The Nineteenth in a Series of Sermons on 1 Corinthians
In chapters 11-14 of 1 Corinthians, Paul gives us a fascinating account of what actually transpired during the worship service of an apostolic church. From Paul’s account, it is clear that worship in the Corinthian church centered on the proclamation of Christ crucified, followed by the celebration of the Lord’s Supper. The problem in Corinth is that the Corinthians were celebrating the Lord’s Supper in such a way that the Supper had become virtually indistinguishable from one of the banquets held in a pagan temple or guild hall. Paul rebukes the Corinthians for this behavior in no uncertain terms. Yet in doing so, Paul also spells out the meaning of the Lord’s Supper as well as informing us why the Supper occupies such an important role in Christian worship. All and all, this is a fascinating passage and we’ll spend the next two sermons working our way through the balance of this chapter.
In First Corinthians 11:17-34, we have the earliest account of the Lord’s Supper in the entire New Testament. Paul’s first letter to the Corinthians was probably written about 54 A.D., before any of the canonical gospels had been written. The Corinthian letter, therefore, gives us a very important insight into the Supper as it was celebrated from the earliest times. The Lord’s Supper is the New Covenant equivalent of the Jewish Passover, and like the Passover, was celebrated as part of a larger fellowship meal, which followed what we might call the ordinary worship service.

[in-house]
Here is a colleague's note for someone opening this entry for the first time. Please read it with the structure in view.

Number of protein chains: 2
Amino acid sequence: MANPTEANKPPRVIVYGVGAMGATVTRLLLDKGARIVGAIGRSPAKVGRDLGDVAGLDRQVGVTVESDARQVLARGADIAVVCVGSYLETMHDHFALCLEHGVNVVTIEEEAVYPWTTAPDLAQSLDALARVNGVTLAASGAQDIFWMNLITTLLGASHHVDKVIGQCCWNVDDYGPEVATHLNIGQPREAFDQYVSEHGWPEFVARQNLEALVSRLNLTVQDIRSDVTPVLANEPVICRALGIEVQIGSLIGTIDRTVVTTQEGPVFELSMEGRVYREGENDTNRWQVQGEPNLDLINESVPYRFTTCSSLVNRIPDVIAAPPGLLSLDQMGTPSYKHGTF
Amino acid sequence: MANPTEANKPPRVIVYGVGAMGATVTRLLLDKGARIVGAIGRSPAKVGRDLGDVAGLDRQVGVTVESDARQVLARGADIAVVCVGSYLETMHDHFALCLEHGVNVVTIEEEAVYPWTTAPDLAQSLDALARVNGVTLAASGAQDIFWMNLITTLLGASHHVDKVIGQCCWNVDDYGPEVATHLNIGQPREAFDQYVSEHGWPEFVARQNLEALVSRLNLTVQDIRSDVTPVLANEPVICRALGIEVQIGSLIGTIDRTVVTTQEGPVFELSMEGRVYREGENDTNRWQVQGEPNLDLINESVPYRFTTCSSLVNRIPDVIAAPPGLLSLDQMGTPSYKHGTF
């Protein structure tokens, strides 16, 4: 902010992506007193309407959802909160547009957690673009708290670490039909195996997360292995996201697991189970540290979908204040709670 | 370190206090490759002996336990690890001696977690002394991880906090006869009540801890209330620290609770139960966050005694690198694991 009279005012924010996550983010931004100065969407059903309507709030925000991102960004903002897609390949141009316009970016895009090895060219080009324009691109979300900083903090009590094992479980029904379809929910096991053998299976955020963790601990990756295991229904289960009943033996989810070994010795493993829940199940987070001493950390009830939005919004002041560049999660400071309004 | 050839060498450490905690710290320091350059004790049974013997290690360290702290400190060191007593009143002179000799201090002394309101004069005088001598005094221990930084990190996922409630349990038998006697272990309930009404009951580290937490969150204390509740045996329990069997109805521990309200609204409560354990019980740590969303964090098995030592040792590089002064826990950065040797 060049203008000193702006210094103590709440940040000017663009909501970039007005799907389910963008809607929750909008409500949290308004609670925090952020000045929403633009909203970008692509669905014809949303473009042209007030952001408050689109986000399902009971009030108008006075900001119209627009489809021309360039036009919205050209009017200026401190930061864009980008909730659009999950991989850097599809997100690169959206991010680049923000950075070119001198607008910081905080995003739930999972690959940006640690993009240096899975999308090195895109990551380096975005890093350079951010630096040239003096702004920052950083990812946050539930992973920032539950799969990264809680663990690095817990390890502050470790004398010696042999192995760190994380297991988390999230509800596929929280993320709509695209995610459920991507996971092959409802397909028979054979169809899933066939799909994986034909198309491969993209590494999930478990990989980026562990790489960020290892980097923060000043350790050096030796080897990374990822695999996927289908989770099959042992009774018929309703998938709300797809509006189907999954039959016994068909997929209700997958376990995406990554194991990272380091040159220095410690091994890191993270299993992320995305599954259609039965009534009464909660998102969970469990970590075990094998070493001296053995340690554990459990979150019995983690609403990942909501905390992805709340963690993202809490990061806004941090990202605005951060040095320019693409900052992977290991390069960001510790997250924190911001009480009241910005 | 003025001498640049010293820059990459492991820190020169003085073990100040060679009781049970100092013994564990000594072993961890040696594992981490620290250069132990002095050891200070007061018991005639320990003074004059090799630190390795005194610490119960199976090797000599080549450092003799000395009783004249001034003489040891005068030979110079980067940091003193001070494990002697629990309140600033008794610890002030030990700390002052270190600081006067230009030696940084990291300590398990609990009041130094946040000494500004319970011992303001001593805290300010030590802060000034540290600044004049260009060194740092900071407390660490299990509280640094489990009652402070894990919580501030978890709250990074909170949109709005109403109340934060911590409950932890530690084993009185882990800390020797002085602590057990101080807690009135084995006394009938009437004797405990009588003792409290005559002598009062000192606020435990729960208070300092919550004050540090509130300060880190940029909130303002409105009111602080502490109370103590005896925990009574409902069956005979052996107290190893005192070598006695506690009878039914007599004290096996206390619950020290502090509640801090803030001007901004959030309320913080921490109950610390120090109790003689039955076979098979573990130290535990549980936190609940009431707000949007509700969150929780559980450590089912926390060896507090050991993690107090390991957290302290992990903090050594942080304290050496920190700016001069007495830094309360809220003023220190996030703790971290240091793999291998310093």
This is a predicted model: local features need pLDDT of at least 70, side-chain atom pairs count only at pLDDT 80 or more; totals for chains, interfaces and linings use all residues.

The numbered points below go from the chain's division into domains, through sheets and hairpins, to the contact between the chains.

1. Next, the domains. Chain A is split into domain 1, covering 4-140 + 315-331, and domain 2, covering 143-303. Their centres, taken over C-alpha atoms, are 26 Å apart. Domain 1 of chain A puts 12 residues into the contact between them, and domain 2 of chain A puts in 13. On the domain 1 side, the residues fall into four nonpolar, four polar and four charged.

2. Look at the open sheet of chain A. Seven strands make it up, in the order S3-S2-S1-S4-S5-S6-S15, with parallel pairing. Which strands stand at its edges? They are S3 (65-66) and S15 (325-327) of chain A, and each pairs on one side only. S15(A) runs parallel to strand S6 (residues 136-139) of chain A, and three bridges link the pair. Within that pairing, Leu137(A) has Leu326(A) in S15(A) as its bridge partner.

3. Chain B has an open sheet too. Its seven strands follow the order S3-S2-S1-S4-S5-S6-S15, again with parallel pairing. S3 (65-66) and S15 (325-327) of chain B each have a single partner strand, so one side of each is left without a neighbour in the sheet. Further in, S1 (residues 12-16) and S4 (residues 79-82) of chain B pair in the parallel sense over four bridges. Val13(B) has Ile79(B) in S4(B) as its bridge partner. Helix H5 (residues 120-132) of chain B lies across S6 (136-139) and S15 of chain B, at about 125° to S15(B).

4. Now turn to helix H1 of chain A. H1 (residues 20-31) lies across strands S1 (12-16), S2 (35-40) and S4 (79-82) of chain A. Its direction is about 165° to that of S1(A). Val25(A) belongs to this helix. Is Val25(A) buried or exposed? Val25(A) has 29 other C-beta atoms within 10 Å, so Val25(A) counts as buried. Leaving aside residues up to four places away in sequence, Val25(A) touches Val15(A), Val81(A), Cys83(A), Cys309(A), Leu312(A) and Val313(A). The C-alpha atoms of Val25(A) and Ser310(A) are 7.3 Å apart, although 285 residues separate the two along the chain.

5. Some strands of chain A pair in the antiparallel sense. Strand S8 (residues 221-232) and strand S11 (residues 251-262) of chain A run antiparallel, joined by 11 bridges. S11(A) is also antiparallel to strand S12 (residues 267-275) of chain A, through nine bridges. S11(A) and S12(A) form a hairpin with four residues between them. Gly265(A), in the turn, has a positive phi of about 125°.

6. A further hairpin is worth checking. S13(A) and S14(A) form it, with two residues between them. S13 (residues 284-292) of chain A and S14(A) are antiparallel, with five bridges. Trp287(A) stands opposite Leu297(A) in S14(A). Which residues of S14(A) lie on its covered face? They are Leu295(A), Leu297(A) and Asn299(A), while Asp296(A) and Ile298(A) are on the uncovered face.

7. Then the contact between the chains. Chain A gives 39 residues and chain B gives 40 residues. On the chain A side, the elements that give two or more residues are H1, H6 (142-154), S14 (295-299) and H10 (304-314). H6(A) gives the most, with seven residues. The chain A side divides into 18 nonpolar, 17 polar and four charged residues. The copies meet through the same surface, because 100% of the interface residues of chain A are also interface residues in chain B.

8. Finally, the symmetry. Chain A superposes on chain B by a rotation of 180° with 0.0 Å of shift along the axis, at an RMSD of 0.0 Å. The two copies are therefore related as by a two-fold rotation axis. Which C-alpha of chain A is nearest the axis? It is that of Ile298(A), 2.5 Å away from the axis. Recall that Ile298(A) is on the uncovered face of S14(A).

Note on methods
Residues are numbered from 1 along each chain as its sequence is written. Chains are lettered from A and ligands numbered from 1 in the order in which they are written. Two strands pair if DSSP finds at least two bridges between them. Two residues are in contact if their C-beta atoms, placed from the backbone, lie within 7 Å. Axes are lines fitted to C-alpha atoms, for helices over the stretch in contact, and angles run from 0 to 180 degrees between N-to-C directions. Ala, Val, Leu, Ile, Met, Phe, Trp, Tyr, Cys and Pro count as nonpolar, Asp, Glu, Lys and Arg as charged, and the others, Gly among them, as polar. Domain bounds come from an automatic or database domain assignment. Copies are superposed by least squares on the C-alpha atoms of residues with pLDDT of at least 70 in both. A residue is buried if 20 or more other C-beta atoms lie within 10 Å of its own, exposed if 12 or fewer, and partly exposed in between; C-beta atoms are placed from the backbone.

As we have seen in previous sermons on this letter, it is vital that we attempt to understand Paul’s discussion of the abuse of the Supper against the backdrop of Greco-Roman culture, with its emphasis upon feasting and communal meals. Such meals were commonly celebrated in one of the pagan temples or guild halls throughout the city. On the one hand, the Corinthians would have been very familiar with communal meals like that one instituted by Jesus on his last night together with his disciples. Yet, on the other hand, the Corinthians would have dined only with those of the same social standing and profession, or with members of the same religious sect. The Supper as instituted by Jesus was intended to unite God’s people around their common faith in Christ, not divide people along racial or socio-economic lines as was apparently the case in Corinth.
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